Illinois nearly tripled its oil output in 1937 alone and The Decatur Daily Review called it a “New Heyday in Little Egypt.”  But even bigger things were in store in 1938. That is when the Salem Field in Marion County was discovered and produced more than 20 million barrels in its first 12 months of operation from July 1938 to July 1939. Marion County produced 93 million barrels all by itself in 1939.

Salem was at the center of the Illinois oil boom of the late 1930s.

Salem Field production peaked at a remarkable 95.27 million barrels in 1940 (261,000 barrels per day), establishing it as the second-largest oilfield in the United States at the time.

Similar production was seen just to the north when the Louden oilfield  was discovered. That field has produced more than 400 million barrels to date.

Spearheaded by the discovery of these new major oilfields, the state saw its oil production jump from 7.4 million barrels in 1937 to 24 million barrels in 1938. Production nearly quadrupled to just under 95 million barrels in 1939 and then peaked at 147.6 million barrels in 1940. That total represented 11 percent of overall U.S. production that year and nearly 7 percent global production, outpacing Iran and Iraq’s combined output and exceeding the total production of every other nation with the exception of Russia and Venezuela!

The Tate #1 Salem Field discovery well “set off the biggest oil boom in Illinois history” in 1938, according to one account.

The surge in production couldn’t have come at a more critical time for the United States, as Illinois’ oil production helped the Allied Forces emerge victorious in World War II. CNBC recently reported that six out of every seven barrels used by the Allied Forces during World War II was produced in the United States. Illinois was responsible for a significant chunk of that total, producing more than 470 million barrels from 1941 to 1945. In fact, FDR is said to have once stated “Thank God for Salem, Illinois” in reference to the oil boom in that part of the state during that time. Bolstered by the Illinois oil boom of 1940, the U.S. was the source of three-fifths of global oil supply by the time WWII began.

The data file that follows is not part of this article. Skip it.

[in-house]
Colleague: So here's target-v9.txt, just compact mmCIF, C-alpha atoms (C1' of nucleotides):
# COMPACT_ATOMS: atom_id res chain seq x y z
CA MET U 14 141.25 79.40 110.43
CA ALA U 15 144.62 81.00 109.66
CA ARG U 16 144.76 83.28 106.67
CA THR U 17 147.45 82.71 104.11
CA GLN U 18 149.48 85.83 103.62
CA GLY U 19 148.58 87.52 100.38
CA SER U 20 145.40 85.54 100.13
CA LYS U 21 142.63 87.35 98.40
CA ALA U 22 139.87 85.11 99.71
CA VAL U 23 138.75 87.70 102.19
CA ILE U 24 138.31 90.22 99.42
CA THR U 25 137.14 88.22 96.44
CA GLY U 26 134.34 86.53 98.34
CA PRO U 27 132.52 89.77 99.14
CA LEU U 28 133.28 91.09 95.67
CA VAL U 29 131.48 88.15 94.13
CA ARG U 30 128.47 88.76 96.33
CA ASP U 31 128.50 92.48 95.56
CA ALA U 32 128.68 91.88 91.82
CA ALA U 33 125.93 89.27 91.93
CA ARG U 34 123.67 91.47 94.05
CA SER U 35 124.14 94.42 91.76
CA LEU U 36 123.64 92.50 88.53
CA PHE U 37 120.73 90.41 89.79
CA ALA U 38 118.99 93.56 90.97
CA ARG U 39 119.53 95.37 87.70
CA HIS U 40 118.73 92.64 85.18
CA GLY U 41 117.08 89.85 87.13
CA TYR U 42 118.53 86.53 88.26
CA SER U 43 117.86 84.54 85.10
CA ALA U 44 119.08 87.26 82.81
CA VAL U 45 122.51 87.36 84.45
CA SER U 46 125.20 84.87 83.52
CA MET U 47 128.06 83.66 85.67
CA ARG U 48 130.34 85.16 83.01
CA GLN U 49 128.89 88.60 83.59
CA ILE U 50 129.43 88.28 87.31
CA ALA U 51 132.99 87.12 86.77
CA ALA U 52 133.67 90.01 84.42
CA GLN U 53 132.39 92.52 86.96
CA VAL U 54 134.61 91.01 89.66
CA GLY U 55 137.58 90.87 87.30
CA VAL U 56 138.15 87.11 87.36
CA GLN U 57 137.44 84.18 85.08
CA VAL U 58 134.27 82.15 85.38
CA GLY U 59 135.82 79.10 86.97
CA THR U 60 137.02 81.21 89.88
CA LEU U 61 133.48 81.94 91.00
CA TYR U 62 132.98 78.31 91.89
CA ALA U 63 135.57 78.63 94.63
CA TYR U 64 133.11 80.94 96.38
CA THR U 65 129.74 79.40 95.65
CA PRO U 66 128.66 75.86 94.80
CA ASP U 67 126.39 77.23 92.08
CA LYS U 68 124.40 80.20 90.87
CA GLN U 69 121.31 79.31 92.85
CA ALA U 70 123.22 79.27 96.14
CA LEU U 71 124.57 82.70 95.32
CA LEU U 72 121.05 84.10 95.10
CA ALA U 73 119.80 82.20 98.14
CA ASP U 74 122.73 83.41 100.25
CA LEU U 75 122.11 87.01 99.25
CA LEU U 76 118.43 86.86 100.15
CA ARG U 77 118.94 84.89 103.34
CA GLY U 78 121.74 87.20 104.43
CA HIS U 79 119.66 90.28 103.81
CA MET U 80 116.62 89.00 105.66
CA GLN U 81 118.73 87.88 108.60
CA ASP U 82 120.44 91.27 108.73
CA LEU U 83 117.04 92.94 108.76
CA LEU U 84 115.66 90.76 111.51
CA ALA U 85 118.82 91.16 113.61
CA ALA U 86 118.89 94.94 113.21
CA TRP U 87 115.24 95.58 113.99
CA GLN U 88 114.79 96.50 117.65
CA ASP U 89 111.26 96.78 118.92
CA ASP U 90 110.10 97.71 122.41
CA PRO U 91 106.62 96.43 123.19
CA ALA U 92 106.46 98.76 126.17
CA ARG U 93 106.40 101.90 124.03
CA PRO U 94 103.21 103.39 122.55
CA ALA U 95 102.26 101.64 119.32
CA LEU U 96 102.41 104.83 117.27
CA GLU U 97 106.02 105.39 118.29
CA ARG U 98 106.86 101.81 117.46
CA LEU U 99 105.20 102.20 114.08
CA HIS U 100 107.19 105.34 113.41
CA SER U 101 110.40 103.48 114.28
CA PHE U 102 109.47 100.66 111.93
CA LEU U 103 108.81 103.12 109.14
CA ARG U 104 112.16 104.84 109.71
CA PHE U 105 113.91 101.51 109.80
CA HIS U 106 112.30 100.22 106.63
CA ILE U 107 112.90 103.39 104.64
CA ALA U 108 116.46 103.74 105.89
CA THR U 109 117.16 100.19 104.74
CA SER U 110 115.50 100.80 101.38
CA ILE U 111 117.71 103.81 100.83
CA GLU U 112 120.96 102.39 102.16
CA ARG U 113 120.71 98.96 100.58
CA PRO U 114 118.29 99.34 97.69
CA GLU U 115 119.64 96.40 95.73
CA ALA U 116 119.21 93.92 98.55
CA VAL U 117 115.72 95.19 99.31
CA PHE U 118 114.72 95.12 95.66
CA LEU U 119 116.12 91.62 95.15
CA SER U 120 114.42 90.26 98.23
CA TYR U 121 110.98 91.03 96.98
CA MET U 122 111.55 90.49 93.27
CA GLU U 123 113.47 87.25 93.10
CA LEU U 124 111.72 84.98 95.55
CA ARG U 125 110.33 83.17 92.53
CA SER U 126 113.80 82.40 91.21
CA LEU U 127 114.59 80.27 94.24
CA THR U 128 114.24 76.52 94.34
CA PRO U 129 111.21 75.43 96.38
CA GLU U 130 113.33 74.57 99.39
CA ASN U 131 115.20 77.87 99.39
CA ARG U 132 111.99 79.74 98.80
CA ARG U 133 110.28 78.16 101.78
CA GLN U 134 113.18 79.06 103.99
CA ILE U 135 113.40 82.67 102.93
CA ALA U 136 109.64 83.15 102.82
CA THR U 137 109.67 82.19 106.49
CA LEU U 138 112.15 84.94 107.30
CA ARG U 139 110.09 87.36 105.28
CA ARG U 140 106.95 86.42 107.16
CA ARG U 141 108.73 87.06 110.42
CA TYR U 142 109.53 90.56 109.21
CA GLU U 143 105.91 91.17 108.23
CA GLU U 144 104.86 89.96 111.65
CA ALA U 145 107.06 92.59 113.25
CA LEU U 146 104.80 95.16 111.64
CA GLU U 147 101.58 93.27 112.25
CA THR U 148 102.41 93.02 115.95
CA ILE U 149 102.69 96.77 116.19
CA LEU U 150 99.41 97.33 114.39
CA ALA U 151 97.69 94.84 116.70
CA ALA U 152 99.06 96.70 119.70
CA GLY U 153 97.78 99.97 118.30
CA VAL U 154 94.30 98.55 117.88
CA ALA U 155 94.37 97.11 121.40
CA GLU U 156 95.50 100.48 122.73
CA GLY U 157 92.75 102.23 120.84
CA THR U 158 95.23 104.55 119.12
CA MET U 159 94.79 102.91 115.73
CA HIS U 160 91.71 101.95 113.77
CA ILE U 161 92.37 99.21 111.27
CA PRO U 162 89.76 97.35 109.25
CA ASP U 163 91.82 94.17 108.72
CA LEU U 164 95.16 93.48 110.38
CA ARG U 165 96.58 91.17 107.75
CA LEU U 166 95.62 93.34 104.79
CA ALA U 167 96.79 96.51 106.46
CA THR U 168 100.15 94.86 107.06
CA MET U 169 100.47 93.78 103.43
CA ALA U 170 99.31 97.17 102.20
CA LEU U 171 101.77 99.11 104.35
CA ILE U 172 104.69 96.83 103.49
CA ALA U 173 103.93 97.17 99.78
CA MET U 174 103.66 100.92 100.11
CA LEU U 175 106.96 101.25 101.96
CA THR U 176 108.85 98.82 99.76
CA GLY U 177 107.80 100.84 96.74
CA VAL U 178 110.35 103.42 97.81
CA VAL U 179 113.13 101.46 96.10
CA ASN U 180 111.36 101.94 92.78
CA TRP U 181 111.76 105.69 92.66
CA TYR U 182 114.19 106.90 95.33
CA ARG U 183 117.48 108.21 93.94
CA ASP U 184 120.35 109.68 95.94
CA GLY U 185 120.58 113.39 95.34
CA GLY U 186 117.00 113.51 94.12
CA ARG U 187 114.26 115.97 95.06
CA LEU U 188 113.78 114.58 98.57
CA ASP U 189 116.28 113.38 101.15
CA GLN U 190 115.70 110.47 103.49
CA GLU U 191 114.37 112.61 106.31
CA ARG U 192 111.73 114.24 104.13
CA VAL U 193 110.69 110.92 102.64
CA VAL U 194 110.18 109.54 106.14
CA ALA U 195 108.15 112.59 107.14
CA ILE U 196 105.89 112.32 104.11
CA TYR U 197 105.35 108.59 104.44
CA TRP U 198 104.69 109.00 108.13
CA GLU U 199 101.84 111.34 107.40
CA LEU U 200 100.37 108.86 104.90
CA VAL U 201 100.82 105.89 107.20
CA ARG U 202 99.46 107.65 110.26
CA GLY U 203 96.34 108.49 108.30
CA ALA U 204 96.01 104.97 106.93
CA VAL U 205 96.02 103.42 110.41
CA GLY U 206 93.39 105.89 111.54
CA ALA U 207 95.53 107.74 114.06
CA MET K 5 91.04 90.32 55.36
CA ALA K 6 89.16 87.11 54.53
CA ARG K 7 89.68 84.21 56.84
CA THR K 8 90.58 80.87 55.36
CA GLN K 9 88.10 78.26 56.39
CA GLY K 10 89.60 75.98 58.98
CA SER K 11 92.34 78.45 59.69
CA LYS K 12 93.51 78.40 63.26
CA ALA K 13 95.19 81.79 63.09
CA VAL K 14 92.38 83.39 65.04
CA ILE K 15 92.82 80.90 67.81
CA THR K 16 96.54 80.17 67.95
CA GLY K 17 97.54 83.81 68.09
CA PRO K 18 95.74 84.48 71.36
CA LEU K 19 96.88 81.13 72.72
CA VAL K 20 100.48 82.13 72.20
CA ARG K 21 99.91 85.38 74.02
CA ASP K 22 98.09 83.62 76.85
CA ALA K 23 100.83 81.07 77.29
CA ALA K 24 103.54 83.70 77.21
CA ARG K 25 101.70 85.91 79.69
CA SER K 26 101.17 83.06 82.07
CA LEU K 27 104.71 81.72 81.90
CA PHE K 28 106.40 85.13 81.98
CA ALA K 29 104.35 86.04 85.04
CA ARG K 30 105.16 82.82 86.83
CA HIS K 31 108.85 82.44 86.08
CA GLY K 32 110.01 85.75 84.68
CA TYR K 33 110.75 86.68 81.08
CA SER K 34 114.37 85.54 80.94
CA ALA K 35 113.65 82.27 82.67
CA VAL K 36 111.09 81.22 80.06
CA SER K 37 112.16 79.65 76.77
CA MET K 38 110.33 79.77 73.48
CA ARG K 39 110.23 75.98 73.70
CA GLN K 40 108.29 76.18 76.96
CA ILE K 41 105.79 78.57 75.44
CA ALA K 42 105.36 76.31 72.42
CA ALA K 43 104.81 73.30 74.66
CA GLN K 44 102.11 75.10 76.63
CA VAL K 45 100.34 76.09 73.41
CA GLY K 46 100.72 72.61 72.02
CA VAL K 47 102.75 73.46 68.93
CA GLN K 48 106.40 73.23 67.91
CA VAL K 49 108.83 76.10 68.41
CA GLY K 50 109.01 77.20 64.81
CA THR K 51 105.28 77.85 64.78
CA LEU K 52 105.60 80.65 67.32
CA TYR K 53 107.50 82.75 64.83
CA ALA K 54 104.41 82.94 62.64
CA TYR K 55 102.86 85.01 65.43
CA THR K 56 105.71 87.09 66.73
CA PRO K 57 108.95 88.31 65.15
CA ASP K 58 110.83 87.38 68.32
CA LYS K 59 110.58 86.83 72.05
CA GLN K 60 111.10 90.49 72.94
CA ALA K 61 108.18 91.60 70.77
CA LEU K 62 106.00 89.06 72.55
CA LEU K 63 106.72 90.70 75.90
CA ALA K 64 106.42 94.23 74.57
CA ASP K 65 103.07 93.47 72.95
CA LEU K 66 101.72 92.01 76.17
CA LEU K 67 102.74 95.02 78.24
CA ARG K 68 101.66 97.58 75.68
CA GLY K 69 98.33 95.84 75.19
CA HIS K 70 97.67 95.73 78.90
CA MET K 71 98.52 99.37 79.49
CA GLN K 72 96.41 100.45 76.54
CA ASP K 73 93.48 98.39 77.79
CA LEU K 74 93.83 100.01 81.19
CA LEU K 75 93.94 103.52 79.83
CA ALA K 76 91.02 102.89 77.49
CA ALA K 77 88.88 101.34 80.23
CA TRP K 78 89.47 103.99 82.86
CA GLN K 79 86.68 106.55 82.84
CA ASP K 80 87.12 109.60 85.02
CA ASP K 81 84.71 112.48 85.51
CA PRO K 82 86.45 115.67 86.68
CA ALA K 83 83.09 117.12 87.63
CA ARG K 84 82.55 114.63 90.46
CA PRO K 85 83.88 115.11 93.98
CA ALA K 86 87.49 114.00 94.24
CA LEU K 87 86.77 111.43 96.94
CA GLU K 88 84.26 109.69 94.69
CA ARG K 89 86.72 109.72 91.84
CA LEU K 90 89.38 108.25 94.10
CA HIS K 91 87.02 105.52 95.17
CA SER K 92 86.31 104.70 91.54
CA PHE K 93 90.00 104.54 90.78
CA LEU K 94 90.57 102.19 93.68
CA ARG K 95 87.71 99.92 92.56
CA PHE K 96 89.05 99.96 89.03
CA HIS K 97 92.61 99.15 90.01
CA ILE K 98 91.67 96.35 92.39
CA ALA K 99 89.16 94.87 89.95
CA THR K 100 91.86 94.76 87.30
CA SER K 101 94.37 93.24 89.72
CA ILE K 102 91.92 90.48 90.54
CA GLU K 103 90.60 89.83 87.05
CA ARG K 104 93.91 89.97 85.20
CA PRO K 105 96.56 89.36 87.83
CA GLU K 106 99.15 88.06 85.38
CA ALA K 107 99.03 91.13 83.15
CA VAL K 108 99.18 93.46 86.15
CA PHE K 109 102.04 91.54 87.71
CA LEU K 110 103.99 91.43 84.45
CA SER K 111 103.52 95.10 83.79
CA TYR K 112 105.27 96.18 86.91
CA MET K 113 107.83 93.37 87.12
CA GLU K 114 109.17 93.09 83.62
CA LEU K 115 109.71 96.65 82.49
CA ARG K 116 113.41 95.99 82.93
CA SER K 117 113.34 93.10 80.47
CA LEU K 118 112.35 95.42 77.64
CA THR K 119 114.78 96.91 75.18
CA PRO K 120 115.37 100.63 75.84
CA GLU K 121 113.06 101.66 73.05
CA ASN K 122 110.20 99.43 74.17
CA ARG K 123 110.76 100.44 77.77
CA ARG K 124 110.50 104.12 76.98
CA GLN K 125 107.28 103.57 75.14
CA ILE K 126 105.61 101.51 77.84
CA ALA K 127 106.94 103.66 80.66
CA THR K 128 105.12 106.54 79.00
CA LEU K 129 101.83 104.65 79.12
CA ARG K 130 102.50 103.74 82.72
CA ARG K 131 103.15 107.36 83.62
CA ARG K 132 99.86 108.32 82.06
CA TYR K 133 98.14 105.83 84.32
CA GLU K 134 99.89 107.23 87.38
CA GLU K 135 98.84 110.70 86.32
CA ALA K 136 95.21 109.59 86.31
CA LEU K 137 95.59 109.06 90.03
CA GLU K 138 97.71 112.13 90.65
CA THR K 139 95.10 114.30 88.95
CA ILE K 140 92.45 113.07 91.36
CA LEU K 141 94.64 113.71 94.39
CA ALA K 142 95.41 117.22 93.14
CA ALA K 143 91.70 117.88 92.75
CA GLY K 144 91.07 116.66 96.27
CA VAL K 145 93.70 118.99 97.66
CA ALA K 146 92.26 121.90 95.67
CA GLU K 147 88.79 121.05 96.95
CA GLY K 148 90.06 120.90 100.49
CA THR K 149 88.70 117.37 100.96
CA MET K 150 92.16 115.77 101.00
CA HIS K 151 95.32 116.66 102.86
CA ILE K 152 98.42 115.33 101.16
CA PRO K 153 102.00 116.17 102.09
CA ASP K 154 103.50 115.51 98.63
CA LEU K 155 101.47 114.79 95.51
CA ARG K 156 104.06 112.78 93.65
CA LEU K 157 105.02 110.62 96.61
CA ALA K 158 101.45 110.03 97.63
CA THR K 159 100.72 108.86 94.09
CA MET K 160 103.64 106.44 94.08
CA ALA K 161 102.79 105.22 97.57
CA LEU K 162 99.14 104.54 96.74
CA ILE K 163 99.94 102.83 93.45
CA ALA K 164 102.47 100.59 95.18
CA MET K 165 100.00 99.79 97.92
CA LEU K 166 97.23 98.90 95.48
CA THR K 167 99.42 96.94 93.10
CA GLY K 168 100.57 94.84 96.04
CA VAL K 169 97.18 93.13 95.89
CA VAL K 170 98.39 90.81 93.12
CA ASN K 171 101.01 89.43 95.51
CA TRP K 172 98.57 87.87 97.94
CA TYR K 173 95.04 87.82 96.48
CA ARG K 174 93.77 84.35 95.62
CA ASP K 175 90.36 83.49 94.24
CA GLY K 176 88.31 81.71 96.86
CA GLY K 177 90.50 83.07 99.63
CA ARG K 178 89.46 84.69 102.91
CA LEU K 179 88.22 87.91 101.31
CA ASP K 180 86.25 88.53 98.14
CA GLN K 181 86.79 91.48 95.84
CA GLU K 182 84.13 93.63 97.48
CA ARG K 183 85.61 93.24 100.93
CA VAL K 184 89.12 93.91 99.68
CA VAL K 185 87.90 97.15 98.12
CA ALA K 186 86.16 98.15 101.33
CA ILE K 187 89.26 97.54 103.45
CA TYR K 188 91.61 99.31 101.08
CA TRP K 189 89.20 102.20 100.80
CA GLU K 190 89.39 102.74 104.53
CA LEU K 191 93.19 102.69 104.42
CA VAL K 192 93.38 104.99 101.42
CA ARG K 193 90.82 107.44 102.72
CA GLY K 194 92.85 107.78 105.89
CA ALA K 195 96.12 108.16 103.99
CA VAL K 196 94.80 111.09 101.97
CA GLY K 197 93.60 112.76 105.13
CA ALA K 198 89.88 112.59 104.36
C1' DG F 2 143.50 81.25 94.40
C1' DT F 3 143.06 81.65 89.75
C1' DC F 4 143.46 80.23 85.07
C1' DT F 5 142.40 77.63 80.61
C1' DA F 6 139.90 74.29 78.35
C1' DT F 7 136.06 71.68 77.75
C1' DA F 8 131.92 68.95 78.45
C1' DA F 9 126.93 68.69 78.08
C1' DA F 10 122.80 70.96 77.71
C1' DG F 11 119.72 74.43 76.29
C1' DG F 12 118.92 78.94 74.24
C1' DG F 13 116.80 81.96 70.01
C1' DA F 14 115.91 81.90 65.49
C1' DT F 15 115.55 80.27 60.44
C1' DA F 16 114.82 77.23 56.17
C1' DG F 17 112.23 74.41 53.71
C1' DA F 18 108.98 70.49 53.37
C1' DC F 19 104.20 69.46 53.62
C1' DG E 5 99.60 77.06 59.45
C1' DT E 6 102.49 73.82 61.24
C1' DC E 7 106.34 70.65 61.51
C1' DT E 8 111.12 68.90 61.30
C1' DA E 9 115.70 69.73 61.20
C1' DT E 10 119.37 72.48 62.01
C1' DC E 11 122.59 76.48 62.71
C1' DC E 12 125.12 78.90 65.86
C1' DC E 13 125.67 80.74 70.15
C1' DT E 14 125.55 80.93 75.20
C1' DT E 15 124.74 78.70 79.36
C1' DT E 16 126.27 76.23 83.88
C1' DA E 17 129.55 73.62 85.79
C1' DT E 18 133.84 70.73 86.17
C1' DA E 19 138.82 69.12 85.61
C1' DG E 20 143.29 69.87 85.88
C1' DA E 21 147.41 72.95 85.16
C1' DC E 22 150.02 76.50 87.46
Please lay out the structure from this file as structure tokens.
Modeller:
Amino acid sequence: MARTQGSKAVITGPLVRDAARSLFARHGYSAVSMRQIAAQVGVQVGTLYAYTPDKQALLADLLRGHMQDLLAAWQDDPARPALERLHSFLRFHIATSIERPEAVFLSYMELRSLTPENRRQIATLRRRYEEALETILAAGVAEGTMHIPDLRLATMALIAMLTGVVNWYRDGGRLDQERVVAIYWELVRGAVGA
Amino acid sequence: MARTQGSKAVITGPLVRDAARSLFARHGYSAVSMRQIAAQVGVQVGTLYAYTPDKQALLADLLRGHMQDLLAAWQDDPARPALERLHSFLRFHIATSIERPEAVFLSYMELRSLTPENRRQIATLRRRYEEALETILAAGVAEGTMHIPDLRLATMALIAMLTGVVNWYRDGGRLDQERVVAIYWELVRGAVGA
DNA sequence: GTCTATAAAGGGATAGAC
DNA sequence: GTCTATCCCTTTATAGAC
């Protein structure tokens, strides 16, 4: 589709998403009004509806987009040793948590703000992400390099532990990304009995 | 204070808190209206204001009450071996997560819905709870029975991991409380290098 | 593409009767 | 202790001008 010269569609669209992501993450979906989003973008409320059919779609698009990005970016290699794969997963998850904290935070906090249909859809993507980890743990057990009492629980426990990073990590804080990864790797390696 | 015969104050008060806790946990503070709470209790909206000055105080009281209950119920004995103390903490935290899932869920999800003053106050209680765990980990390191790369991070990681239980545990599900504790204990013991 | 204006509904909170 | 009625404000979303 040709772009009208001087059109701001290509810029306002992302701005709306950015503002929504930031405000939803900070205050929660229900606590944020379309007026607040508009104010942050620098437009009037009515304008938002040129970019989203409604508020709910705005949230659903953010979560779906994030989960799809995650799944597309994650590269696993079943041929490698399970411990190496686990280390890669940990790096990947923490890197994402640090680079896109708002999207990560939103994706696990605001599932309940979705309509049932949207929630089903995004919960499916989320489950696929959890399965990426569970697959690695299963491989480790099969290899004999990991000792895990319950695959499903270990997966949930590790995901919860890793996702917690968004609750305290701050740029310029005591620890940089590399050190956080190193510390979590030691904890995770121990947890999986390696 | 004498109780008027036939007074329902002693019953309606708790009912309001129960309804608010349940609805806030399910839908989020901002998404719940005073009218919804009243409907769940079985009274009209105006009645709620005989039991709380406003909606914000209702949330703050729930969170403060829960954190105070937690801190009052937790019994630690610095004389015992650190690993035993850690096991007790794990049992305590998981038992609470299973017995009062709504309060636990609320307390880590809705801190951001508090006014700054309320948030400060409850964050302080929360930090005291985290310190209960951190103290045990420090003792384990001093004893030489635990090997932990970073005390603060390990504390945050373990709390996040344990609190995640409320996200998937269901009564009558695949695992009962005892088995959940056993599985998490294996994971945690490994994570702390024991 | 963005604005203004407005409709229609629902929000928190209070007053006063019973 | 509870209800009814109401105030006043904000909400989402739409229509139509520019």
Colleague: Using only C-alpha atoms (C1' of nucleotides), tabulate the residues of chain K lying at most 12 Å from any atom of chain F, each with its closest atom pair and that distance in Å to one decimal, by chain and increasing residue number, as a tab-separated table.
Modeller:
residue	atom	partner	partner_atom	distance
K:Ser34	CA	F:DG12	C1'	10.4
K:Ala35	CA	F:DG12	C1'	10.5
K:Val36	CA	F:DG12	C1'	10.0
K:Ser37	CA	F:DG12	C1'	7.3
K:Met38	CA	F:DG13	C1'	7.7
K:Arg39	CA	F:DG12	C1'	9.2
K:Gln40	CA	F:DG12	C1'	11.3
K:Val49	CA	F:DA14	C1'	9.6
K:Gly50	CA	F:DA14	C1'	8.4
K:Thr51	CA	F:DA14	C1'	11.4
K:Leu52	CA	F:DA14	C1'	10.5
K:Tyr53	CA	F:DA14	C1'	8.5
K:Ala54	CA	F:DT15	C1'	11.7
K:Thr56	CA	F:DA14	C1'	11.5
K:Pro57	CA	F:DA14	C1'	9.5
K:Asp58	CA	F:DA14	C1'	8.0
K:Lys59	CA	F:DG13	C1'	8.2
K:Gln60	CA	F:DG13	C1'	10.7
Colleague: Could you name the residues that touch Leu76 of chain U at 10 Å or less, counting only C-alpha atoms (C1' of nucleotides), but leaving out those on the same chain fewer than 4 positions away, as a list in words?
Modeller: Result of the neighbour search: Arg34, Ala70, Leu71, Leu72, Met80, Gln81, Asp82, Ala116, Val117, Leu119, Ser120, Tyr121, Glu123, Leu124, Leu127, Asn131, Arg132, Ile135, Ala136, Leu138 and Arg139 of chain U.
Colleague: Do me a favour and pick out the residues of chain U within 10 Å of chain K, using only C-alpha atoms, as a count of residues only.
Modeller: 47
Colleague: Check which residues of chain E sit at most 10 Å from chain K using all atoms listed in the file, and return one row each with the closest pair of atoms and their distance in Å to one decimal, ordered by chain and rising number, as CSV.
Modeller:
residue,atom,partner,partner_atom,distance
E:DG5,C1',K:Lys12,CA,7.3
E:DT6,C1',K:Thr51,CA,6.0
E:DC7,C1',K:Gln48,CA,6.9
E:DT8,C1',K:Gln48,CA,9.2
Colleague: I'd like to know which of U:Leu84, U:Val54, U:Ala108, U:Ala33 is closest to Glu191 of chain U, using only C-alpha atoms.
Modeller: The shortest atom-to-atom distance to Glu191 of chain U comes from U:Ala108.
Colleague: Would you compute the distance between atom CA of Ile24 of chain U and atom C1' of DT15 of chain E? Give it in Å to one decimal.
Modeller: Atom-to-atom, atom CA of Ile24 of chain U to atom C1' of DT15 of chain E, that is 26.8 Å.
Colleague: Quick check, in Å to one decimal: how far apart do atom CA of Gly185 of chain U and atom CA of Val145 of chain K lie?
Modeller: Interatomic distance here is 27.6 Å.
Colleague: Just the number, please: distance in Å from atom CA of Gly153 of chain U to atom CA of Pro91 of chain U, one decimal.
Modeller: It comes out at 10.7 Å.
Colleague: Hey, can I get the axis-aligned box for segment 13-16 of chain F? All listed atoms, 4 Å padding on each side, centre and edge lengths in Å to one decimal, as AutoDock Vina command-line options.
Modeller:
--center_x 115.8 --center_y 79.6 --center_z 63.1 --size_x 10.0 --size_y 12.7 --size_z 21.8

After producing 894 million barrels in the 1940s, Illinois enjoyed a mini-boom in the mid 1950s, as new technologies such as hydraulic fracturing and large-scale secondary recovery projects regularly pushed annual production over the 70 million barrel threshold. Though output has declined since that hay day, Illinois production has remained steady over the past 20-plus years at an average of more than 9 million barrels per year. Some believe that potential future development of the New Albany Shale could push production back to previous heights.

For more on the Illinois oil industry’s rich history, be sure to visit the Illinois Oil Field Museum in Oblong. Also click the links below for more details on Illinois’ oil production history.

IOGA 50th Anniversary Booklet

Bradford Supply Co.

C.E. Brehm

Clay City Oil Boom of 1937

Crawford County

Crossville – White County

Dee Drilling 


Elmer Oelze Jr.

Podolsky Oil

Shakespeare Oil

Shulman Bros.

Wayne County History